Inflation is not a problem today. The falling value of money is one of the factors adversely affecting the progressive increase in prices, which in turn leads to destabilization of the economy and social unrest. As it turns out, ancient Romans had to face similar problems.
The Roman state existed in practice for XIII centuries, being the power which was impacting the history. Therefore, I decided that I would tell the history of ancient Rome in the articles below, which will not necessarily cover only the Eternal City.
I encourage you to send articles and point out any corrections or inaccuracies.
With the growth of the Roman state and the emergence of real money, the Romans began to see the importance of coins aside from the payment function. The possibility of placing initials and images/symbols on the obverse or reverse allowed politicians and emperors to influence the social masses. After all, every inhabitant of the Roman state wanted money, which was also indirectly a carrier of information and a means of propaganda.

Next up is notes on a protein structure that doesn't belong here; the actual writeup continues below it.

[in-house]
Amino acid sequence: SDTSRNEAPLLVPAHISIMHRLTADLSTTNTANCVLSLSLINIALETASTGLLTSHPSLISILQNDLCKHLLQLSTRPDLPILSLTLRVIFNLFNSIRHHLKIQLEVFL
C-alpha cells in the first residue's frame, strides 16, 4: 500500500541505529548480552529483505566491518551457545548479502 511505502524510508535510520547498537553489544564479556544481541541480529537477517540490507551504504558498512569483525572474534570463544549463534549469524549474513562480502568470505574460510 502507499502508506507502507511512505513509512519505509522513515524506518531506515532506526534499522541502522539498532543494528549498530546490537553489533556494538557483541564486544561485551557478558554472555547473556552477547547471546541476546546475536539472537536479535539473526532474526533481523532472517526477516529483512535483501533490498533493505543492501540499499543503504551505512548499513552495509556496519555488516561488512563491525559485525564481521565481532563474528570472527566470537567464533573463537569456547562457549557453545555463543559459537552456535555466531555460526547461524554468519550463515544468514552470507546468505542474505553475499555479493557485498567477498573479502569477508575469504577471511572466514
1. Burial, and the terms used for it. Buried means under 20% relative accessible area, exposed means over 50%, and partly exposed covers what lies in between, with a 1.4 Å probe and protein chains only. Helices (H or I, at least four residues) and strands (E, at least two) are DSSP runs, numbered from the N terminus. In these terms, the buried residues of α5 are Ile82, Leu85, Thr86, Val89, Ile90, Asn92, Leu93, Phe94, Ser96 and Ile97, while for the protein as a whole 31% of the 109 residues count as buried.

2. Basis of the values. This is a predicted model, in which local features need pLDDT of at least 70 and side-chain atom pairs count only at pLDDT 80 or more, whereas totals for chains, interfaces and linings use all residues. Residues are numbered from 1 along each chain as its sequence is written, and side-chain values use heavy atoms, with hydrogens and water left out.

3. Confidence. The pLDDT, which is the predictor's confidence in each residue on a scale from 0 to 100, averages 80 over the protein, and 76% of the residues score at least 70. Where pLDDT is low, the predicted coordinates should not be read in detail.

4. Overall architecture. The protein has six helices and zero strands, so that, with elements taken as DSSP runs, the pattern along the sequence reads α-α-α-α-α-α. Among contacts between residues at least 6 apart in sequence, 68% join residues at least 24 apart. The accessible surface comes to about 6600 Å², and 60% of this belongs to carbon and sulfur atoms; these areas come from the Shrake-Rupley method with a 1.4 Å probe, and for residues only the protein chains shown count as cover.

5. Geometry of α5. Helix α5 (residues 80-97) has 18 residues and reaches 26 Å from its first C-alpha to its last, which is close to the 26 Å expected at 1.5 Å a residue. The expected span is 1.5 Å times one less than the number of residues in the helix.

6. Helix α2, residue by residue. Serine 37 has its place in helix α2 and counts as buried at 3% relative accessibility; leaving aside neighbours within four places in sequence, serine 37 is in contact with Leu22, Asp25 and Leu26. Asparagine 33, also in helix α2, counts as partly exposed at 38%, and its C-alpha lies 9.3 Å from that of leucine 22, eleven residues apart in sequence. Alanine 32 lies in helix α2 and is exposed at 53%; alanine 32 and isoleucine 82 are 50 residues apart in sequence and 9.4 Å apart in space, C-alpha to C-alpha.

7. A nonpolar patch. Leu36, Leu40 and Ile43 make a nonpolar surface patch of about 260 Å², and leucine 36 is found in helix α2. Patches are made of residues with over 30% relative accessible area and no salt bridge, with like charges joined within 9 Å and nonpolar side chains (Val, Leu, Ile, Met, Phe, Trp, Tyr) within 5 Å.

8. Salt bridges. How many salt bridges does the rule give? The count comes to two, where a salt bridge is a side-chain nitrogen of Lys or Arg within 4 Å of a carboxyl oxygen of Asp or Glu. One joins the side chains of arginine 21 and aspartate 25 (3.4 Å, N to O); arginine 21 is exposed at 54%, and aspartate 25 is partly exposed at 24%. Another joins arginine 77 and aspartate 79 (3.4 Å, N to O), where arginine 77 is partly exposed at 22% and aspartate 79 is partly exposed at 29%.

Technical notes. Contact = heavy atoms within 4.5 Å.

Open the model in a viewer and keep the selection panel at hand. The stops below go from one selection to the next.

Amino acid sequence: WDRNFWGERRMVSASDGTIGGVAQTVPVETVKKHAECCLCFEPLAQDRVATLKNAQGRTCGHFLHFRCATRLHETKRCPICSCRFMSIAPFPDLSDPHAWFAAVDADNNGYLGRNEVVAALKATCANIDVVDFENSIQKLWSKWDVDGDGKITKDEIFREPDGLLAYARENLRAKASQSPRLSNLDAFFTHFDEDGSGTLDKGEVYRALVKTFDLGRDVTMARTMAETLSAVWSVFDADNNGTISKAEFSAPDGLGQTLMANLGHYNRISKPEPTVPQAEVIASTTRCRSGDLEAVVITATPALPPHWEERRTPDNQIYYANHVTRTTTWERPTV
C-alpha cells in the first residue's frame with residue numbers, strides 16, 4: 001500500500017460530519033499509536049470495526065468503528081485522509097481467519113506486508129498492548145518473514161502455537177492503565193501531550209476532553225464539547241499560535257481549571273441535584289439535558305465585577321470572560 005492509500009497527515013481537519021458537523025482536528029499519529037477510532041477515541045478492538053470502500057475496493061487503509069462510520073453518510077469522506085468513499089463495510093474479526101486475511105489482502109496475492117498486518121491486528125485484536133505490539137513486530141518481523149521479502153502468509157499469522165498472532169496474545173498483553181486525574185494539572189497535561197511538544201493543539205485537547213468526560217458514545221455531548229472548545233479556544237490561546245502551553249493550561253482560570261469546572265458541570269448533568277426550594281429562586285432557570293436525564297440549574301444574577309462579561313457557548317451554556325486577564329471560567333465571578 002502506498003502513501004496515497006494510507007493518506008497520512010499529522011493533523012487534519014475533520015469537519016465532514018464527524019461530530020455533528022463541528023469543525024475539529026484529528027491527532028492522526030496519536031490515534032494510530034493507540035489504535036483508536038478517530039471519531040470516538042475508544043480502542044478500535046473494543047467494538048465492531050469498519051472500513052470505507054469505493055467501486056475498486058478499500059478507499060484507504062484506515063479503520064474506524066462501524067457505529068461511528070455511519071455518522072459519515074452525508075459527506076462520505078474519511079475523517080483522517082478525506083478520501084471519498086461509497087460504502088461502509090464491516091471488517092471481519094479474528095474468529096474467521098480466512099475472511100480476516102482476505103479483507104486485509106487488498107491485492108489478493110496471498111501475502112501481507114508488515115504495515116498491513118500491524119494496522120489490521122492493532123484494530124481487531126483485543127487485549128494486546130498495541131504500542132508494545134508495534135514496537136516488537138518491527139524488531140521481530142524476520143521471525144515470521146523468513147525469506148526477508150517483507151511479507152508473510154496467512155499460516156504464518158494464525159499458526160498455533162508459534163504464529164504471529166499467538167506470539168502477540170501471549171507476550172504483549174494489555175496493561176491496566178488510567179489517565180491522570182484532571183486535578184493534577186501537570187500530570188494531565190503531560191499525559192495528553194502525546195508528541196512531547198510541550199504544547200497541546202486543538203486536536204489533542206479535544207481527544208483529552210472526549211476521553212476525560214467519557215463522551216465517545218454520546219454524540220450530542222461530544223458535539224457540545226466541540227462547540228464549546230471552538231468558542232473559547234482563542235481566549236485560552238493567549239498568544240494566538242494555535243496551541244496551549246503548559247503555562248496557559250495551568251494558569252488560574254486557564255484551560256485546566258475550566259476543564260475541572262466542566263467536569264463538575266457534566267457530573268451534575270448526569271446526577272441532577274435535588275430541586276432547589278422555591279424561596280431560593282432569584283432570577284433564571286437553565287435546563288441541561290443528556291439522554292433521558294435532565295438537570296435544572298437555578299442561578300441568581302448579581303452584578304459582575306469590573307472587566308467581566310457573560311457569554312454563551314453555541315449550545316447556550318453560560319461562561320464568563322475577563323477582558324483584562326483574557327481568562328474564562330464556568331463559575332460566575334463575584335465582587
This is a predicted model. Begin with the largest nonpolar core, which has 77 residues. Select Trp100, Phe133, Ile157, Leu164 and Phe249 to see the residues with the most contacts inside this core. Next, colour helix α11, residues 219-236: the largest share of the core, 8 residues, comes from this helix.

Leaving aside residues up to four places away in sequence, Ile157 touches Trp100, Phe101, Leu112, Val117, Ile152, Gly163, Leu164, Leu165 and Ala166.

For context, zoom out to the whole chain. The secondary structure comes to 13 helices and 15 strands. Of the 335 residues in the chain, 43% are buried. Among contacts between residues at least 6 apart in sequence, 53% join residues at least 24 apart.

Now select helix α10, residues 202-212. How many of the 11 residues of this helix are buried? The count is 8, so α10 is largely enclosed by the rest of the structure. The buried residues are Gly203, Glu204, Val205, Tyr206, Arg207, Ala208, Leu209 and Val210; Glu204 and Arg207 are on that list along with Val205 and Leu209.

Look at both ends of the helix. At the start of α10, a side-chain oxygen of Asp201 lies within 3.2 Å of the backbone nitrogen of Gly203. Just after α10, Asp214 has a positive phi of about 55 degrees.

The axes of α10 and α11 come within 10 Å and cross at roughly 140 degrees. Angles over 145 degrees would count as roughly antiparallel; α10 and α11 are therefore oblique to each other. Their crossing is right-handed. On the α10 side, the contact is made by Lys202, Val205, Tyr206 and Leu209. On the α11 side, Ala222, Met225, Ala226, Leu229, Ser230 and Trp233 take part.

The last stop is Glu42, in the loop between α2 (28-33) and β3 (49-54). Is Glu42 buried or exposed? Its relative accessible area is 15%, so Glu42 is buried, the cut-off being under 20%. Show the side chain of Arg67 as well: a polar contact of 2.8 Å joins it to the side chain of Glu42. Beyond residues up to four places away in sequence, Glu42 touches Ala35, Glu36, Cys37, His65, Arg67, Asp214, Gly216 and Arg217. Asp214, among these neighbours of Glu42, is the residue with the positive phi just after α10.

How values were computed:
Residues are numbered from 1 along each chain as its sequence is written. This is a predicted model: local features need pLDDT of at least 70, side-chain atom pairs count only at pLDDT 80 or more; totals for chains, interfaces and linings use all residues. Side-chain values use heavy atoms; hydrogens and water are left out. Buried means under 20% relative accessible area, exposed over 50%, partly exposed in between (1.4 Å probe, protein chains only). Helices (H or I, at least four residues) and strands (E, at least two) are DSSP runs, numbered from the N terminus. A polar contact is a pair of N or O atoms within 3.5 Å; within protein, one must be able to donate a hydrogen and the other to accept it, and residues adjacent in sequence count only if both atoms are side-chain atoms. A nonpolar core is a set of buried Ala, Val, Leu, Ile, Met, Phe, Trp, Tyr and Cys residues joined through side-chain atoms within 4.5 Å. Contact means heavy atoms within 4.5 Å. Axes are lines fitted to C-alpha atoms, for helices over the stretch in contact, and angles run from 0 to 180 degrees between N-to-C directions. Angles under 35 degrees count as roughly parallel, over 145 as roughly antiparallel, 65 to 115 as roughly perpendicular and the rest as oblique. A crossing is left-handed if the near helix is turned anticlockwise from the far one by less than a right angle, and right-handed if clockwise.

The civil war of 193-197 was presented by ancient writers very one-sidedly. The main focus was on the figure of its winner, Septimius Severus. The other participants of this conflict, i.e. Pescennius Niger, Clodius Albinus and Didius Julianus, did not receive such interest from ancient historiographers. Unfortunately, the number of resources available to help recreate their political agendas is very limited. The basis for this type of consideration is, above all, the coins minted by individual purple candidates. The aforementioned Clodius Albinus stood out in this field.
The Edict of Diocletian on Maximum Prices from 301 CE, known as Edictum Diocletiani et Collegarum de Pretiis Rerum Venalium, was intended to combat the progressive inflation in the Roman Empire by setting maximum prices on more than 1,400 products, slaves or services. The edict has survived to our times partly due to fragments of inscriptions (in Greek and Latin) on stone slabs found mainly in the eastern territories of the Empire, in 42 places.
The social inequalities prevailing in ancient Rome have always been large and only strengthened with the progressive territorial expansion of the Empire. Based on the preserved sources, we are able to collect information about how large disproportions prevailed in Roman society, and how much wealth or earnings could be obtained by citizens. I will try to present selected professional groups and their “outstanding” representatives. The property or earnings will ideally be compared with the earnings of an ordinary Roman soldier, slave prices and selected goods.